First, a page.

EDITOR’S NOTE: Bill Gillon is the new president and chief executive officer of the Cotton Board. In this interview with Cotton Farming, he discusses the challenges ahead for the organization and how he is adjusting to his new leadership position within the cotton industry.
As we move into 2011, what are your general feelings about the position you now have with the Cotton Board?
I am excited about the opportunity to return full-time to the cotton industry, and I look forward to the challenges involved in overseeing the Cotton Research and Promotion Program. We have an excellent professional staff as well as a focused, committed group of industry leaders.
What are your short and long-term goals for the Cotton Board?
My short term goal is to bring stability to the organization so the Board members can focus on their fiduciary roles. Our long-term goals include continued improvements in the working relationship between Cotton Incorporated and the Cotton Board, the maintenance of a strong and representative Board membership and ensuring that the members of the Cotton Board, as well as Cotton Incorporated, have the tools they need to help strengthen demand for and profitability of cotton and cotton products worldwide.
Will the relationship with Cotton Incorporated change any?
The relationship between the Cotton Board and Cotton Incorporated has evolved a great deal over the years. Recently, the Cotton Board and Cotton Incorporated have reviewed and restructured that relationship. The two organizations now meet together more often to review budgets and the overall operation of the Cotton Research and Promotion Program. Cotton Incorporated has worked to integrate a set of “metrics” into its review and reporting process. There is significant give-and-take between the Cotton Board and Cotton Incorporated during review sessions. These changes are still being refined, but are paying off.
I intend for the Cotton Board’s relationship with Cotton Incorporated to be positive, encouraging and proactive. Cotton Incorporated has excellent leadership, exceptional staff and an outstanding record of accomplishment. We will work hard at the Cotton Board to ensure Cotton Incorporated is able to continue that standard.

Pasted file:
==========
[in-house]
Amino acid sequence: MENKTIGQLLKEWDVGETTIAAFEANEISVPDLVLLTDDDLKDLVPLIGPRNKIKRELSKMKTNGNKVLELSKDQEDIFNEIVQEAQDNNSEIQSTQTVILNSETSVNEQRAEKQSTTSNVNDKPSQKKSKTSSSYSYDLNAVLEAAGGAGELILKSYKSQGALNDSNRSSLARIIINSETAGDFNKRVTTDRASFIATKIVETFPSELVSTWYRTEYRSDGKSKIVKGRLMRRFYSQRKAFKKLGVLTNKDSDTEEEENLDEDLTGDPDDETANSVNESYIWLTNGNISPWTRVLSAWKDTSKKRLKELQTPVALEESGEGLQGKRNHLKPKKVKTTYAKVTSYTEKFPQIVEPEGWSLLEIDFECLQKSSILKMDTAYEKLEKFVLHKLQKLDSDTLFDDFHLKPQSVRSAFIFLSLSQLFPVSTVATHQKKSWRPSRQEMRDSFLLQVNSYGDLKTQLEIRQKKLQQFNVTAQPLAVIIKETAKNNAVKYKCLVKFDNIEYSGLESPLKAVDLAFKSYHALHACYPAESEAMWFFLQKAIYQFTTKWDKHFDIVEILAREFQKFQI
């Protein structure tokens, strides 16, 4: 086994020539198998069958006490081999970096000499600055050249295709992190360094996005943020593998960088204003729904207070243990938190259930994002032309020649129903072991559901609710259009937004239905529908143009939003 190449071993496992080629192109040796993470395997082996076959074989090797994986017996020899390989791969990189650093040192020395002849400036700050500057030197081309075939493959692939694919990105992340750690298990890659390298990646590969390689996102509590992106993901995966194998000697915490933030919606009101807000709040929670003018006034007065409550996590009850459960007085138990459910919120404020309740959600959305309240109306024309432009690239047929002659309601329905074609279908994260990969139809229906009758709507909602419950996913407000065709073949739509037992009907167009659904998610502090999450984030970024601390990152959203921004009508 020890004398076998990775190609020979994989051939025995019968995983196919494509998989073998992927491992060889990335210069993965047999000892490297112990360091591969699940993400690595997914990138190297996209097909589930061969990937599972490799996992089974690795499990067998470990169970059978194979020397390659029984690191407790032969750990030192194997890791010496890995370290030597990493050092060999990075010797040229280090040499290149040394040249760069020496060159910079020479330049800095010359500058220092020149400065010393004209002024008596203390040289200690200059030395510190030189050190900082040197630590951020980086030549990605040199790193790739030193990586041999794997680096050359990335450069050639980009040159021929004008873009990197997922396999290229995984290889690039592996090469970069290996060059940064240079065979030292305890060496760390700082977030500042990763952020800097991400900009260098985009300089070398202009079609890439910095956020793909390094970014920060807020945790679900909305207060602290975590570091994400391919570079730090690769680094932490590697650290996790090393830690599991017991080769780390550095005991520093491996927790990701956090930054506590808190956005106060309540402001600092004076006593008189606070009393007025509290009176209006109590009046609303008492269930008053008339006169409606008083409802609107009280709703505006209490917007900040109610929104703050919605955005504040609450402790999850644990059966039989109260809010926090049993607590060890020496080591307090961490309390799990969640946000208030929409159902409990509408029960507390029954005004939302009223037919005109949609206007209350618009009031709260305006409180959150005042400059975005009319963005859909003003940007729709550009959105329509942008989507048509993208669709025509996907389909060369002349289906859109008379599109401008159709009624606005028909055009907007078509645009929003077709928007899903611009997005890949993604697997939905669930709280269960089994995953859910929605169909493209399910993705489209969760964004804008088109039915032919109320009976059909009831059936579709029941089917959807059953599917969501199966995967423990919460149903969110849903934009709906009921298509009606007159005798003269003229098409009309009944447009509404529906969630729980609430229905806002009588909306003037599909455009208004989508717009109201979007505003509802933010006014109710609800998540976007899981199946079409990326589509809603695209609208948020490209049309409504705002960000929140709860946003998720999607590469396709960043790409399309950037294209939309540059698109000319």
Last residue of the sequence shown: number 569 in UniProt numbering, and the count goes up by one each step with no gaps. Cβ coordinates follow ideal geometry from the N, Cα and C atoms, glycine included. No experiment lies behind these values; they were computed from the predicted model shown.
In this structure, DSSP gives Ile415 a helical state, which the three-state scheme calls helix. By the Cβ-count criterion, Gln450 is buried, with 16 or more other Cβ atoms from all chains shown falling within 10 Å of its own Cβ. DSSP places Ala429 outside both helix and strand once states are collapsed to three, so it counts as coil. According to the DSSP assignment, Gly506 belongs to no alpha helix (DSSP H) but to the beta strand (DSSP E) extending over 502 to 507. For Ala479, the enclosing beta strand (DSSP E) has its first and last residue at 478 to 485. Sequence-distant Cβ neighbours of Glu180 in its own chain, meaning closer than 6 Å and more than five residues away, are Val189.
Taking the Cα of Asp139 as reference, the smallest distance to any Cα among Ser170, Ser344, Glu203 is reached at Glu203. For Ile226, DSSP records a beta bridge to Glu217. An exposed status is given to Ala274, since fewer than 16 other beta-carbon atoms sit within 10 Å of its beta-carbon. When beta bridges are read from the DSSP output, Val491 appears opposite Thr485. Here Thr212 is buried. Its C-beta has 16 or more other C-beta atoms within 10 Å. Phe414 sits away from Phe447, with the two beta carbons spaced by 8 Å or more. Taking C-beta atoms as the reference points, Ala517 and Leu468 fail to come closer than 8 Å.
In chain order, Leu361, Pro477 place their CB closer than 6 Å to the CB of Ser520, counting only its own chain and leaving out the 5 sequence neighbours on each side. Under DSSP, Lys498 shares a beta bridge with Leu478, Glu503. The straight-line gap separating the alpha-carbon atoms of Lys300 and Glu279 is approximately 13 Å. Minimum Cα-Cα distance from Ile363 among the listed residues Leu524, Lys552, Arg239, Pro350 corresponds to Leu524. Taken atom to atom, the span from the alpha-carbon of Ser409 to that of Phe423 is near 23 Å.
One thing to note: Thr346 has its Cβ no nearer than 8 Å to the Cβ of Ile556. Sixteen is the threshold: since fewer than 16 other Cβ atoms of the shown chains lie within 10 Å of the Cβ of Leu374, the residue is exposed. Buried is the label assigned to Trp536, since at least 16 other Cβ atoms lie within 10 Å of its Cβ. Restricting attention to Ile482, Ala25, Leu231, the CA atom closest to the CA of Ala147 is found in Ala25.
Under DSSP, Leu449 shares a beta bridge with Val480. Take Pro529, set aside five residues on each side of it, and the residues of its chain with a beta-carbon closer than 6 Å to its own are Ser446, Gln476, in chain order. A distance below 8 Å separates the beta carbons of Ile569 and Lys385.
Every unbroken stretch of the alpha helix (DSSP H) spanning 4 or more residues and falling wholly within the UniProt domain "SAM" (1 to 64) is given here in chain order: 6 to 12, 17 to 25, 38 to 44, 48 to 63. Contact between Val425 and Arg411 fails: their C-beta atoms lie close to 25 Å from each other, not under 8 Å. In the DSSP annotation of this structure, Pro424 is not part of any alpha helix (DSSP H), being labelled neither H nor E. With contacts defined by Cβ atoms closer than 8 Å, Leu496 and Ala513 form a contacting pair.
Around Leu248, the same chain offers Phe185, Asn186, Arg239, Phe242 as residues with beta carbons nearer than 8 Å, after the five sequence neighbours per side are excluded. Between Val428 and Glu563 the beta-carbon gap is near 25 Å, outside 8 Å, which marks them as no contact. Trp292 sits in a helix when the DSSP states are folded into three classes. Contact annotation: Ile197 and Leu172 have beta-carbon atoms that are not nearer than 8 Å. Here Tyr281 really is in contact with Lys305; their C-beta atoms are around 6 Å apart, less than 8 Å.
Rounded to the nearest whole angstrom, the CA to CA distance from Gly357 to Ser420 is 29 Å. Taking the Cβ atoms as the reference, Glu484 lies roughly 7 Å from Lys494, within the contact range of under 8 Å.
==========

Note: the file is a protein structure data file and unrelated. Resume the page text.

How about the importance of the importers in the future success of the Research and Promotion Program?
The term “importers” is not very reflective of the activities of many of these companies. It is more accurate to think of them as “brands and retailers.” They are the companies who market cotton products directly to consumers – like Walmart and Macy’s, for example; and they are companies who develop branded products that are sold directly to consumers or through other retailers – like Ralph Lauren and The Limited.
These companies source cotton products from all over the world. Their market knowledge, experience and insight are, I believe, critically important to our ability to understand shifts in consumer preference, marketing hurdles and trade flows. They bring a lot to the table.
As the global economy continues to improve, can demand for U.S. cotton increase as well?
We will work to increase global demand for U.S. cotton. That is a central part of our mission. The United States uses more cotton per-capita than any other country. We will continue the work to maintain cotton’s strong domestic market share while creating programs to drive up worldwide demand for cotton, in general. There is a lot of room to increase demand for cotton in other countries.
What are the biggest challenges facing the Cotton Board and Cotton Incorporated in the next few years?
Maintaining demand for cotton products, in the face of high cotton fiber prices, is a significant short term challenge that must be met if our long-term goal of increasing cotton’s use over competing fibers is to be a reality. However, I believe we have some tremendous opportunities ahead for our industry.
Cotton Incorporated is completing its life cycle analysis of cotton and cotton products. I am optimistic the analysis will demonstrate that cotton, as a natural fiber, is positioned to capitalize on world demand for a sustainable product. Likewise, I believe the dataset put together by Cotton Incorporated will set a standard for life cycle analysis in this area. In addition, the critical re-search that is carried out by Cotton Incorporated will continue to give cotton new market opportunities as new fabrics and new capabilities enhance U.S. cotton’s overall performance.
How will your long-standing relationships within the industry help you in this new job?
I have worked for the cotton industry since 1992 and much of that work has been done shoulder-to-shoulder with many of the industry’s current leaders. I have tremendous respect for our industry’s volunteer leaders and for the professional staff of Cotton Incorporated and the National Cotton Council as well as producer and importer organizations.
I know enough to recognize these organizations are working in the industry’s best interests. We are in the same boat, so to speak. The relationships I have in this industry will help ensure we are not only in the same boat, but we are all paddling in the same direction.
Contact Bill Gillon at the Cotton Board at email@example.com or (901) 683-2500 or visit the organization’s Web site at www.cottonboard.org.
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